A bird at Eaglenest wildlife sanctuary.
Jorhat, Aug 29 : Arunachal Pradesh will host its first bird festival in the first week of February next year at Eaglenest wildlife sanctuary in West Kameng district.
The sanctuary, whose lowest point is 500 metres and the highest over 3,500 meters, has a mind-boggling variety of birds and the festival aims to showcase this diversity.
It is at Eaglenest, in the Eastern Himalayas, that a new species of bird, Bugun Liocichla, was discovered in 2006. Only seven pairs of the species were found in the sanctuary. Bugun Liocichla is a close relative of another rare Liocichla species, found only in a few mountains of central China. Liocichla are members of the bird family, babblers.
A bird race for birdwatchers will also be held during the festival. Prizes will be awarded to those with the highest tally of birds and the most special birds sighted.
“We are expecting a large number of tourists, including foreigners, during the festival,” divisional forest officer, Shergaon forest division, Rupa, Millo Tasser, told The Telegraph today.
Eaglenest, which covers an area of 217 square km, derives its name from the Red Eagle Division of the army, which was posted in the area in the 1950s. The sanctuary is home to at least 450 species of birds including babblers, herons, black storks, ducks, hawks, eagles, kites, vultures, falcons, pheasants, jungle fowl, quails, woodpeckers, warblers and cormorants.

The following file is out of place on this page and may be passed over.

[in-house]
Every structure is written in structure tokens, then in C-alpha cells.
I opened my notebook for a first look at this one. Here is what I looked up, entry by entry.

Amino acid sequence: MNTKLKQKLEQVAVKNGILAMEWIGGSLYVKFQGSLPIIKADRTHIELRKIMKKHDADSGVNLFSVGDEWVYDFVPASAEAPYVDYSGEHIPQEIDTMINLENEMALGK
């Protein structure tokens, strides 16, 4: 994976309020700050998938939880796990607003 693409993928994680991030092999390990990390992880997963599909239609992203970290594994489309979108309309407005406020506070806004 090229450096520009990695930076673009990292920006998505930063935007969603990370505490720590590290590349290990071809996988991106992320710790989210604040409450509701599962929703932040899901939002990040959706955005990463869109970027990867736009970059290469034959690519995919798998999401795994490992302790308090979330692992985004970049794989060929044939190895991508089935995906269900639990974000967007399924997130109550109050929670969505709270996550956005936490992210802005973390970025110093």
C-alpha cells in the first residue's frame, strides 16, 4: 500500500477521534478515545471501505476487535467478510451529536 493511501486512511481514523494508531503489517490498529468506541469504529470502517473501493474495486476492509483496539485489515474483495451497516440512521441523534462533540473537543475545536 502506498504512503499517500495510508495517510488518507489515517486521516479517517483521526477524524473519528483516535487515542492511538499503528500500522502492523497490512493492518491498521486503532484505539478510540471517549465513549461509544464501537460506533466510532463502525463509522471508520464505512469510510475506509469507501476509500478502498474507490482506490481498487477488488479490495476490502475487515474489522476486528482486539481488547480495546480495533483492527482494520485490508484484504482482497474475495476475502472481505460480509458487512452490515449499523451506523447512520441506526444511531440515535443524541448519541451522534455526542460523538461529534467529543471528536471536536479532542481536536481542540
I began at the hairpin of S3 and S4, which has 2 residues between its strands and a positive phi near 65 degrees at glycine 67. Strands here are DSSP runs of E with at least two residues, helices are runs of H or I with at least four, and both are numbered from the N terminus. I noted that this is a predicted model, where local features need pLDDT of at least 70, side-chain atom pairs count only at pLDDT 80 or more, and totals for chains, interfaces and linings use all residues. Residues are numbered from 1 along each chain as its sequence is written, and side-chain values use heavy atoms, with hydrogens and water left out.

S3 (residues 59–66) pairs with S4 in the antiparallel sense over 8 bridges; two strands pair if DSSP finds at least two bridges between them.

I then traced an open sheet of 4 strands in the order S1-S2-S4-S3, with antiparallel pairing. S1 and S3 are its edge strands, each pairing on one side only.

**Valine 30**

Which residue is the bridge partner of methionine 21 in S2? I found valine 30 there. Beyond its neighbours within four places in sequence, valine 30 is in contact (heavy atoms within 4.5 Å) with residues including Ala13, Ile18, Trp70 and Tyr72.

The sanctuary has the distinction of having three tragopan species. It is also home to at least 165 species of butterflies and 15 species of mammals, including the endangered red panda, Royal Bengal tiger, Asiatic black bear and capped langur.
Tasser said the main aim of the festival was to raise awareness about Eaglenest.
“Although a large number of tourists visit Eaglenest every year, the sanctuary has not yet received the required attention. We hope the festival will help showcase its diversity of birds at the international forum,” Tasser said.
The festival will be held jointly by the tourism and the forest department, with co-operation from Bugun Welfare Society, an NGO involved in eco-tourism at Eaglenest.
Its members are from the Bugun community, who live on the fringes of the sanctuary.
Indi Glow, chairman of the society said a photography competition with entries of bird pictures taken at Eaglenest and painting and essay competitions among school children have also been planned during the festival.
“We are expecting the bird festival to become an annual feature in Eaglenest’s calendar,” Glow said.